The export basket has also diversified in favor of high value agriculture. Historically, there was virtually no Indian export of fruits, vegetables, livestock, or fish. Exports of fish shot up from U.S.$320 million in 1981–1982 to $1,125 million by 1999–2000, a growth of 350 percent. Exports of processed fruits, meat, and fruits and vegetables more than doubled since 1981 (reaching values of U.S.$145 million, U.S.$198 million, and U.S.$263 million, respectively, in the triennium ending 1999–2000). Exports of eggs, although erratic, increased from U.S.$0.4 million in 1981–1982 to U.S.$25.3 million in 1999–2000.

Changing consumption preferences and export outlets provide good incentives to farmers to risk changing their production baskets in favor of high value agriculture. During the 1990s, for example, the production of cereals grew at a rate of 2.3 percent annually, against that of fruits and vegetables, which had a growth rate of more than 6 percent. Unlike the "Green Revolution" of the late 1960s, the 1990s was a decade of "golden revolution," with a major breakthrough in the production of fruits, and "blue revolution," with the dramatic growth of inland fisheries. This growth has also resulted in much faster exports of fish and fruits, raising hope that India's farmers might increase their incomes by exploiting more lucrative markets in India and abroad.

Innovative institutions such as contract farming and vertical integration from "the farm to the firm to the fork" have the potential to benefit producers and consumers alike. Contract farming can reduce transactions costs and risk, and can lessen resource constraints for smallholders. A vertically integrated supply chain can respond quickly to consumers' changing tastes and preferences, and can ensure that quality and safety standards are met.

At the macroeconomic level, if India is an efficient producer of high value agricultural products, greater integration into the global marketplace will open export opportunities. But integration into the global marketplace will require that India certify the quality and safety of its high value agricultural exports. What are the implications for the smallholder? Can they be linked in such a way that a regime of grades and standards, and food safety norms, can be implemented?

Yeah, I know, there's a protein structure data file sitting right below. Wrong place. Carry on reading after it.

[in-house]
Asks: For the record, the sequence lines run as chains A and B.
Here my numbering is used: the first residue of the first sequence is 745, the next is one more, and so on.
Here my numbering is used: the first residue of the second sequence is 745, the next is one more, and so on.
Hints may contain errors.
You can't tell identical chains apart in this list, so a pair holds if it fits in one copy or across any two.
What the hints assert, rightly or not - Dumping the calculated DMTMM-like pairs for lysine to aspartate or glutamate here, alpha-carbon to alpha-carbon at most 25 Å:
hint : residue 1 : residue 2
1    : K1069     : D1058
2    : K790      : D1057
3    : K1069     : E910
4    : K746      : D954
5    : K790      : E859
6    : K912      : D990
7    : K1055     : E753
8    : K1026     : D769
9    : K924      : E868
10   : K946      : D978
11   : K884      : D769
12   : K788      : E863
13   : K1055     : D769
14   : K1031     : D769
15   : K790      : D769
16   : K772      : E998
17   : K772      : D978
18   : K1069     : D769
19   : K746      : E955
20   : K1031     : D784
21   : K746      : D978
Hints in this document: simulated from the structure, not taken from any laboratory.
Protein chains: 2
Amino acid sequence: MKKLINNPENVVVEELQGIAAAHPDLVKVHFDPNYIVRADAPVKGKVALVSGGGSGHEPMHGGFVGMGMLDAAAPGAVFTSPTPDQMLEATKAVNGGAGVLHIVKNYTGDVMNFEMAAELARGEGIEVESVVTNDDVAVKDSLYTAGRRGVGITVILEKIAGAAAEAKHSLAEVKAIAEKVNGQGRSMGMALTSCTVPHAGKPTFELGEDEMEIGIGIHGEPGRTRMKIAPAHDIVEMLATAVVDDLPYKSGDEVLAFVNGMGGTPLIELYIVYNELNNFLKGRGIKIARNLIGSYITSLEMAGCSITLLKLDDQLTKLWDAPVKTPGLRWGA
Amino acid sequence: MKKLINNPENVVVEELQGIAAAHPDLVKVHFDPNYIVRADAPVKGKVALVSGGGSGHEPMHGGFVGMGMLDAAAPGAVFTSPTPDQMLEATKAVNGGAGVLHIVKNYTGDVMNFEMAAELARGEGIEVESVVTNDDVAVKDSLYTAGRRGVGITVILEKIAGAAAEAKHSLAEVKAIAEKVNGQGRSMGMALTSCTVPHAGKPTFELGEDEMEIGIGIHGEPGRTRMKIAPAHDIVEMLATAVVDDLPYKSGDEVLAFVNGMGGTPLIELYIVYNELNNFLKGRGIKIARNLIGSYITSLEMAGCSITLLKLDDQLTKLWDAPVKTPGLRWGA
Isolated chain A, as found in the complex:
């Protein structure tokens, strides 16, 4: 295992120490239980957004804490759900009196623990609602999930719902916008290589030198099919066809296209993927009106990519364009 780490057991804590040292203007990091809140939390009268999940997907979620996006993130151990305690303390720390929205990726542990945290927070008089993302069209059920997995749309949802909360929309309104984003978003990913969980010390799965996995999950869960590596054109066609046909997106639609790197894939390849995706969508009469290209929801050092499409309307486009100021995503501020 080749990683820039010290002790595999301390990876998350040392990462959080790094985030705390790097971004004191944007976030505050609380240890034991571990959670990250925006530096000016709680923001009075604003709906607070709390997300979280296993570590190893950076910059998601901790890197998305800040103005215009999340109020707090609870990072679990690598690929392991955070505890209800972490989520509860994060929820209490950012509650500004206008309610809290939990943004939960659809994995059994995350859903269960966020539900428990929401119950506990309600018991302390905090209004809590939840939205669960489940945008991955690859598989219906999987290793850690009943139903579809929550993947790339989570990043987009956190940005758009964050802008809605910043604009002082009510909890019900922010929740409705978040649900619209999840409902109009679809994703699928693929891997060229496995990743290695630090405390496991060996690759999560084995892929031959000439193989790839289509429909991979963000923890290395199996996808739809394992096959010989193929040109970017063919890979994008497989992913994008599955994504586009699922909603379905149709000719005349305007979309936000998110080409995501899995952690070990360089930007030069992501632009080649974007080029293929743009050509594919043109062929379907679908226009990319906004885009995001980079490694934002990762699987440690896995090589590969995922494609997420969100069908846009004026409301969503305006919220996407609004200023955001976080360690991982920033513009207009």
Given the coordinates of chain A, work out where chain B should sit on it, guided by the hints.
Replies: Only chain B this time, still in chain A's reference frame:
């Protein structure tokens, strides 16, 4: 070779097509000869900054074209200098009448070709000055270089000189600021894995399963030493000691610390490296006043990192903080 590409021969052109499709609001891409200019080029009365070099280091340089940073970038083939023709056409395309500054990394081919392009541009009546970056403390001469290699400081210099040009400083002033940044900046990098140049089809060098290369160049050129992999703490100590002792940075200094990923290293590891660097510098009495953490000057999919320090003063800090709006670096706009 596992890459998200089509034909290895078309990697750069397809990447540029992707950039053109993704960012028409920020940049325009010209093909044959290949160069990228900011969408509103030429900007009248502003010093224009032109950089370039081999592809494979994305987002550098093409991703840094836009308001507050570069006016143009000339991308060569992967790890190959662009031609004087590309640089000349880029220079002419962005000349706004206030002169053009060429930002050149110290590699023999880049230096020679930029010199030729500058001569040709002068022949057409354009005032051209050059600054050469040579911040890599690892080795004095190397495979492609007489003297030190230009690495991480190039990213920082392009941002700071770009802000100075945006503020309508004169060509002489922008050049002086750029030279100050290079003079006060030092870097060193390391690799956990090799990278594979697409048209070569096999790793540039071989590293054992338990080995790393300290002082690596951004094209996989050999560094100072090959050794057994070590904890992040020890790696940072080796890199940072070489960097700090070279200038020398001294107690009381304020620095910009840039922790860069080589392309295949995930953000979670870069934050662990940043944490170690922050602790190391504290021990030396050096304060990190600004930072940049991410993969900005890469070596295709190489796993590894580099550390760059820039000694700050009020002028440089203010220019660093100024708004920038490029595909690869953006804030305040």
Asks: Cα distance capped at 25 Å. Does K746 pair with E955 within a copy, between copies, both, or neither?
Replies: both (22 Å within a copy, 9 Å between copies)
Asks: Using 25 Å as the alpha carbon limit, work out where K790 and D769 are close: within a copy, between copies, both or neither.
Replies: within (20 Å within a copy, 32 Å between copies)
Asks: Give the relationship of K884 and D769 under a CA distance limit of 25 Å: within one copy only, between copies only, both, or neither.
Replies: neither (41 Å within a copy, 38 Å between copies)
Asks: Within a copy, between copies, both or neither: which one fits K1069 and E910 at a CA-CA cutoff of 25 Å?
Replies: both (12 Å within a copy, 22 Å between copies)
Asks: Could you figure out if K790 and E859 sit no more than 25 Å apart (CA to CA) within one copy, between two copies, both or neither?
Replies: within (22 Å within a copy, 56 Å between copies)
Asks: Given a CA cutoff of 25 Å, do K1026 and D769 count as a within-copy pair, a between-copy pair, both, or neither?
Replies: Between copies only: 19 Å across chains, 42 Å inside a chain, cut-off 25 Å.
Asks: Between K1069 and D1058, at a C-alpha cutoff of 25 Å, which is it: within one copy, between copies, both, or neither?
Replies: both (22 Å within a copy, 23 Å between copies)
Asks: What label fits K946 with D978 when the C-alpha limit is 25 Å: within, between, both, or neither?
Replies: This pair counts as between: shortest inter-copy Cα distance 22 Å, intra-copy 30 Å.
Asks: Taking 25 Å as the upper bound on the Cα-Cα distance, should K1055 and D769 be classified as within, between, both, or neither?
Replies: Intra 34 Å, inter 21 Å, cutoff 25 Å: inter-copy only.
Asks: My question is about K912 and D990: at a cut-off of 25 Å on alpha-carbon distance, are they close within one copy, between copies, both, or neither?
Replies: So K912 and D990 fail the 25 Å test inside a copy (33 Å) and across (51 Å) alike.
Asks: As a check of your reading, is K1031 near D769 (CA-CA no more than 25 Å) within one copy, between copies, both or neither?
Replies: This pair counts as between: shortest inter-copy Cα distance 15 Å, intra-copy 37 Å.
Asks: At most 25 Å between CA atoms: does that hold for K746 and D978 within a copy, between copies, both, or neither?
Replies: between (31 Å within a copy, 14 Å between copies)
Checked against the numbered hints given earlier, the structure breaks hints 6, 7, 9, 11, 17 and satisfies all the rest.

Diversification to High Value Agriculture and the Smallholders

In India, 81 percent of farm holdings are of less than five acres (two hectares). Smallholders face several challenges that—unless addressed—will limit their ability to gain from the revolution in high value agriculture. High value commodities are often perishable in nature, and their markets can be fragmented, thin, and distant. Each smallholder may have only a tiny marketable surplus, for which the price is highly volatile and can fall steeply with only small increases in supply. These factors raise the transaction costs and risk to the smallholders in the production and marketing of high value agriculture. Transactions costs are the costs incurred in the exchange of goods and services between trading partners. They include the costs of information search, negotiation, monitoring, and contract enforcement. In addition, high value agriculture may require greater capital investment than the production of cereals, a constraint for smallholders. Experiences from developed countries and developing countries in Southeast Asia reveal that innovative institutions such as cooperatives, producers' associations, and contract farming have the potential to reduce transactions costs by vertically integrating production, marketing, and processing. Vertical coordination through contract farming, beyond the cooperative model for milk and sugarcane, is a relatively recent phenomenon in Indian agriculture. In this model, farmers are contracted to produce a commodity for a company. The company may have a level of control over the production process (for example, by supplying inputs or technical assistance) without owning or operating the farm, and the practice assures procurement of output at predetermined prices that may be subject to minimum quality standards.

To understand the implications of vertical integration on the smallholder, it would be worth looking at some case studies. Three such case studies, undertaken jointly by NCAP (National Center for Agricultural Research and Policy) and IFPRI (International Food Policy Research Institute), are: Nestle India Limited for milk and milk products, Venkateshwara Hatcheries Limited for broilers (young chickens), and Mother Dairy Fruits and Vegetables Limited for vegetables. The results are based on primary field surveys of contract and noncontract producers (152 and 22 producers respectively for dairy; 25 and 25 respectively for broilers; and 150 and 50 respectively for vegetables). The studies quantify the differences in tangible transactions costs and profits for contract and noncontract producers of milk, broilers, and vegetables in India.